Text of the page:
Anaya emphasized that "increased investment in building self-governing capacity is essential to creating socially and economically healthy and self-sufficient aboriginal communities. One hundred and thirty years of Indian Act policies persistently undermined -- and in some cases continue to undermine -- many First Nations' and Inuit peoples' historic self-governance capacity."

Anaya noted "the frustration expressed to me uniformly by aboriginal leaders that their self-governance capacity and economic development, and improved conditions more generally, remain impeded by the multiple legacies of the history of colonization, treaty infringements, assault on their cultures, and land dispossession suffered by their peoples."

Land Claims

Anaya criticized the pace at which land claims are resolved, saying that "in their implementation overall, the claims processes have been extremely slow and mired in challenges -- challenges that appear in most cases to stem from the adversarial structure of negotiations, in which entrenched opposing positions often develop on key issues and agreement simply cannot be reached. To make this worse, resource development often proceeds at a rapid pace within lands that are the subject of protracted negotiations between aboriginal peoples and the Government, undermining the very purpose of the negotiations."

Anaya called on the federal government "to take a less adversarial, position-based approach in which it typically seeks the most restrictive interpretation of aboriginal and treaty rights possible. In this regard, the Government should instead acknowledge that the public interest is not opposed to, but rather includes, aboriginal concerns. The goal of reconciliation that has been cited by the Government and indigenous peoples alike requires a more generous and flexible approach that seeks to identify and create common ground. Further, as a general rule, resource extraction should not occur on lands subject to aboriginal claims without adequate consultations with and the free, prior and informed consent of the aboriginal peoples concerned."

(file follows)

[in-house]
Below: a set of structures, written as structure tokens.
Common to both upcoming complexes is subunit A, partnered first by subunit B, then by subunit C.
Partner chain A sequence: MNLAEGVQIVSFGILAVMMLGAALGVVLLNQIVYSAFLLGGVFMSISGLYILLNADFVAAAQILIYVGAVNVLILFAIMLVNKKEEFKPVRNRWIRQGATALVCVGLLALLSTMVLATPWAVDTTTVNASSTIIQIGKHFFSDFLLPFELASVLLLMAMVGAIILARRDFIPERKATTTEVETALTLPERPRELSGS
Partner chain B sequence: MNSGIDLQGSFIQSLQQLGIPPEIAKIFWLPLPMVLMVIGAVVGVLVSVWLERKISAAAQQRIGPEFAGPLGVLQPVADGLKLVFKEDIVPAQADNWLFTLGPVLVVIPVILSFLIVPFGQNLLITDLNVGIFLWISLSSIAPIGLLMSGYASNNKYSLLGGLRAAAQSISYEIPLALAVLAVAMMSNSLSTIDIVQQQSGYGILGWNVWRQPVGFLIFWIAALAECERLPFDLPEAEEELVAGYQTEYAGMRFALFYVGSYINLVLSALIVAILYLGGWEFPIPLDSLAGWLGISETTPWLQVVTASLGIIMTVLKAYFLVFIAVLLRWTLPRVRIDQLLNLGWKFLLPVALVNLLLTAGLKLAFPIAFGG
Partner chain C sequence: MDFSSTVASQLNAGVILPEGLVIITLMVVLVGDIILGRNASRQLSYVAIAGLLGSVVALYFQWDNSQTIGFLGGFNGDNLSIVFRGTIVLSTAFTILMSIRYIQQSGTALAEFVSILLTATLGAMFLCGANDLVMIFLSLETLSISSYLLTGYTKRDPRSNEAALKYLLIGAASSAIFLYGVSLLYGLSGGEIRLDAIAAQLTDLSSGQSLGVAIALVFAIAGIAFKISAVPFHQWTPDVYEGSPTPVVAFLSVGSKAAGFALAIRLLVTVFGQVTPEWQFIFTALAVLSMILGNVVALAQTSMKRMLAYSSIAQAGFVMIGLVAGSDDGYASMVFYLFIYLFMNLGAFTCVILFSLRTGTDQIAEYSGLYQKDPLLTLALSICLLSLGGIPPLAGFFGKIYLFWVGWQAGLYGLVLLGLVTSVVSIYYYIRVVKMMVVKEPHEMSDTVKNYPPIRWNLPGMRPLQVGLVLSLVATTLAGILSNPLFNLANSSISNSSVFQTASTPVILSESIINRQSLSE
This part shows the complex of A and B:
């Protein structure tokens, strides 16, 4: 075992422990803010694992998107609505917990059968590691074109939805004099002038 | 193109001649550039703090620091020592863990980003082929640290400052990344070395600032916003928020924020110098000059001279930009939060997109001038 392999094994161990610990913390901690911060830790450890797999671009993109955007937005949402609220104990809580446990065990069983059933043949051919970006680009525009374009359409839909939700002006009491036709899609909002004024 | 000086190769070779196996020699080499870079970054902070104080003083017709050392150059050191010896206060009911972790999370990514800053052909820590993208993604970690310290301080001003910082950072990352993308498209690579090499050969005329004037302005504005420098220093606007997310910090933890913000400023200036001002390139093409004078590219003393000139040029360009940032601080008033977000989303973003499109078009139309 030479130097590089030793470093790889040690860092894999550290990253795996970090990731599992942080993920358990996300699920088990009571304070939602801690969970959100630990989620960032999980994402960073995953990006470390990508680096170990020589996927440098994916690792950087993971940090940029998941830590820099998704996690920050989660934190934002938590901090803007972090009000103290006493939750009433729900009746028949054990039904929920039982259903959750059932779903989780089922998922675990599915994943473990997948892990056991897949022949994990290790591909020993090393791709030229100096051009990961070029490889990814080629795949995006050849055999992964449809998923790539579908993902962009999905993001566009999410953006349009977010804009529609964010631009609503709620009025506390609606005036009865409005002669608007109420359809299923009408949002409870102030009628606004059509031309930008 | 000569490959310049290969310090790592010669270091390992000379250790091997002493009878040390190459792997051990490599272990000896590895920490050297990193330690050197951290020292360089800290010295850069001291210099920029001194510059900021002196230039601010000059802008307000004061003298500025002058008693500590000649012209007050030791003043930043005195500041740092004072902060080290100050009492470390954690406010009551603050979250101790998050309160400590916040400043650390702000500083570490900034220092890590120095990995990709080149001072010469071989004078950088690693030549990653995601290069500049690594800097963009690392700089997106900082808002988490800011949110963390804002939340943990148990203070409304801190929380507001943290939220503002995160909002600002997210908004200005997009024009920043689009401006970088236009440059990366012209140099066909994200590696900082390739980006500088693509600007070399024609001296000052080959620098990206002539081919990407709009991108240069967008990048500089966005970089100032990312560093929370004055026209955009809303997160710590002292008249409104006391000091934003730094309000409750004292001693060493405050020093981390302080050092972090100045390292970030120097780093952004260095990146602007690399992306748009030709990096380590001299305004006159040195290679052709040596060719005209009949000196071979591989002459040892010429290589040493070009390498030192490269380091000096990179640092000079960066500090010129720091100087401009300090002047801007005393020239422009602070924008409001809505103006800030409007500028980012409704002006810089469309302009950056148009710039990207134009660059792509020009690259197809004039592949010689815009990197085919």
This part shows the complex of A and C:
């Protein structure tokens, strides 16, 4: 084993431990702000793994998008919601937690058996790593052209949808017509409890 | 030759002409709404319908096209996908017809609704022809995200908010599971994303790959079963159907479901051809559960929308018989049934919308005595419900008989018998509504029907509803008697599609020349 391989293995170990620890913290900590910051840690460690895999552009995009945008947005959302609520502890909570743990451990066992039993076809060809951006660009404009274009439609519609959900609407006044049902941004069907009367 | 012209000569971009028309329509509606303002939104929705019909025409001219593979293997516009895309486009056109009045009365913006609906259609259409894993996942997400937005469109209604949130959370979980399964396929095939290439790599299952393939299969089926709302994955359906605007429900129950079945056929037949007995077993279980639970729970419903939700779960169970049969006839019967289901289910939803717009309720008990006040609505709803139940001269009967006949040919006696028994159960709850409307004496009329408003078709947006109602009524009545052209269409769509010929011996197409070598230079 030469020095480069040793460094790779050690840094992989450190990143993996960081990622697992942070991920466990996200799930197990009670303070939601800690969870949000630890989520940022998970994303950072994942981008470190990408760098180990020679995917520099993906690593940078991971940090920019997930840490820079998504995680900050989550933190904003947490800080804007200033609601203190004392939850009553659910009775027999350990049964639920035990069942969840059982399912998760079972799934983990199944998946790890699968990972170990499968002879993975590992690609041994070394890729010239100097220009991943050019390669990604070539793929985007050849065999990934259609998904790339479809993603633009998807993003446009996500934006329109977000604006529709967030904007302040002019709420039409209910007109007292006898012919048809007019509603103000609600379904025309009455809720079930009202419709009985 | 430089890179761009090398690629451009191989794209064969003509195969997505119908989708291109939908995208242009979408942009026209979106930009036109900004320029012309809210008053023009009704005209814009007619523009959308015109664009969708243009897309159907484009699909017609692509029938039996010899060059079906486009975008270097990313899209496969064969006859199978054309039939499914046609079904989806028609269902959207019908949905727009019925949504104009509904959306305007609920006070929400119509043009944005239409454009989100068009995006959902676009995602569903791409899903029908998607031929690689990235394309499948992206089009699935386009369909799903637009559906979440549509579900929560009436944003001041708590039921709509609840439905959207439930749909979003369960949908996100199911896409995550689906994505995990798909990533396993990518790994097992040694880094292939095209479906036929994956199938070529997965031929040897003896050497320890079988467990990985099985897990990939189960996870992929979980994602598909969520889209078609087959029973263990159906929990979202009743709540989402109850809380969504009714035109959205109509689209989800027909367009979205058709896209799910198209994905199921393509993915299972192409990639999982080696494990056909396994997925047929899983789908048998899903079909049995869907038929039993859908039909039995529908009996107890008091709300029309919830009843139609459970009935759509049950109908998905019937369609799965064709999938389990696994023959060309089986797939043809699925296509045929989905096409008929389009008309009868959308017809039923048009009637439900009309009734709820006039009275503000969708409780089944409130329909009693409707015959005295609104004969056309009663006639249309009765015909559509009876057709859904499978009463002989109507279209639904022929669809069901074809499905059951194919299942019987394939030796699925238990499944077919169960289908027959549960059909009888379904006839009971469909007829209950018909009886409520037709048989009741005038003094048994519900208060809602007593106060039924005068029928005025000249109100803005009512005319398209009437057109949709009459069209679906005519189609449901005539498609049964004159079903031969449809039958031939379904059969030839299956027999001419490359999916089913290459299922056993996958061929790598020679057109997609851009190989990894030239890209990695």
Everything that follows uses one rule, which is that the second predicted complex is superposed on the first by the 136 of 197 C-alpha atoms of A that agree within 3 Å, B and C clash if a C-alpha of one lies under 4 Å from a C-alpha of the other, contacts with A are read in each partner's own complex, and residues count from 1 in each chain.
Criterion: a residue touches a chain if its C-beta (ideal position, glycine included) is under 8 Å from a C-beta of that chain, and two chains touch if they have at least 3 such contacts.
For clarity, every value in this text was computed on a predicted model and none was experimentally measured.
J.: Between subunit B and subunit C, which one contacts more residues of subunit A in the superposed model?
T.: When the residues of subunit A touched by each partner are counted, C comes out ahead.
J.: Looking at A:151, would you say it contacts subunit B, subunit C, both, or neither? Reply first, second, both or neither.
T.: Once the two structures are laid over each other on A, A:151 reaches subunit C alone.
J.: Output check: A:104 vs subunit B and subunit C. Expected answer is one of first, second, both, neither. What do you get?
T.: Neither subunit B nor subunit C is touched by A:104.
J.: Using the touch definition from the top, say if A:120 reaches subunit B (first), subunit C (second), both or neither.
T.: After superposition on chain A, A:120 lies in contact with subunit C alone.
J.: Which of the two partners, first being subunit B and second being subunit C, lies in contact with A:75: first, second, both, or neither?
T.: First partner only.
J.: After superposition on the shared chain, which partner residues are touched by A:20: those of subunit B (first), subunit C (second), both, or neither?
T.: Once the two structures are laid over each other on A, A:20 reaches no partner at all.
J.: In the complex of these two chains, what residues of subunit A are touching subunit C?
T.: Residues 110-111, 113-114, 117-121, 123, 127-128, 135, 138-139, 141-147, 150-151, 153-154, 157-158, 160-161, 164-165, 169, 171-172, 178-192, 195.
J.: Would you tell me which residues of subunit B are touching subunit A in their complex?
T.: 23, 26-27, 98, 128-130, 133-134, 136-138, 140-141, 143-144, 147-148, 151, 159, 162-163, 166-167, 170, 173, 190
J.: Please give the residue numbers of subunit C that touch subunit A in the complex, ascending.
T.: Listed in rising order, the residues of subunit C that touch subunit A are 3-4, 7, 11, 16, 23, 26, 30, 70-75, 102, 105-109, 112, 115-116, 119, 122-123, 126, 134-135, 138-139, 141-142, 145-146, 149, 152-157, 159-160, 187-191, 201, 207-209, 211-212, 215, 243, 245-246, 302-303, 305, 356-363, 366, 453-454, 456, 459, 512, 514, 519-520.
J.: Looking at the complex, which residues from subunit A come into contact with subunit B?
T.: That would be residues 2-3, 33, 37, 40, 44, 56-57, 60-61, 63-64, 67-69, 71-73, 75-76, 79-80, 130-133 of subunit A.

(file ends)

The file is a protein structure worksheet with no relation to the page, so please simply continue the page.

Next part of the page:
Relations with Governments

Anaya pointed out that "greater efforts are needed to improve avenues of communication between Canada and aboriginal peoples to build consensus on the path forward. In all my meetings with aboriginal leaders and community members it was evident that there is a significant level of discontent with the state of relations with federal and provincial authorities, as well as a widely held perception that legislative and other decisions over multiple matters of concern to them are being taken without adequate consultation or consideration of their inherent and treaty rights. I urge the federal Government especially to work with aboriginal peoples, through their representative institutions and authorities, to overcome this condition of mistrust. As with the Education Act initiative mentioned earlier, unless legislative and other government actions that directly affect indigenous peoples' rights and interests are made with their meaningful participation, those actions will lack legitimacy and are likely to be ineffective.

"In order for the Government to move forward to address the concerns of indigenous peoples in partnership with them, it is necessary to arrive at a common understanding of objectives and goals that are based on full respect for indigenous peoples' constitutional, treaty, and internationally-recognized rights. Indigenous leaders from First Nations with historical treaties repeatedly expressed to me their yearning for the friendship, respect and sharing of resources that they understand the treaties to embody, and aboriginal leaders look to future arrangements based on similar premises. Such aspirations provide a much stronger grounding for a Canada respectful of human rights than a premise of indigenous subjugation and extinguishment of rights."

(unsr.jamesanaya.org, CTV News, FNESC)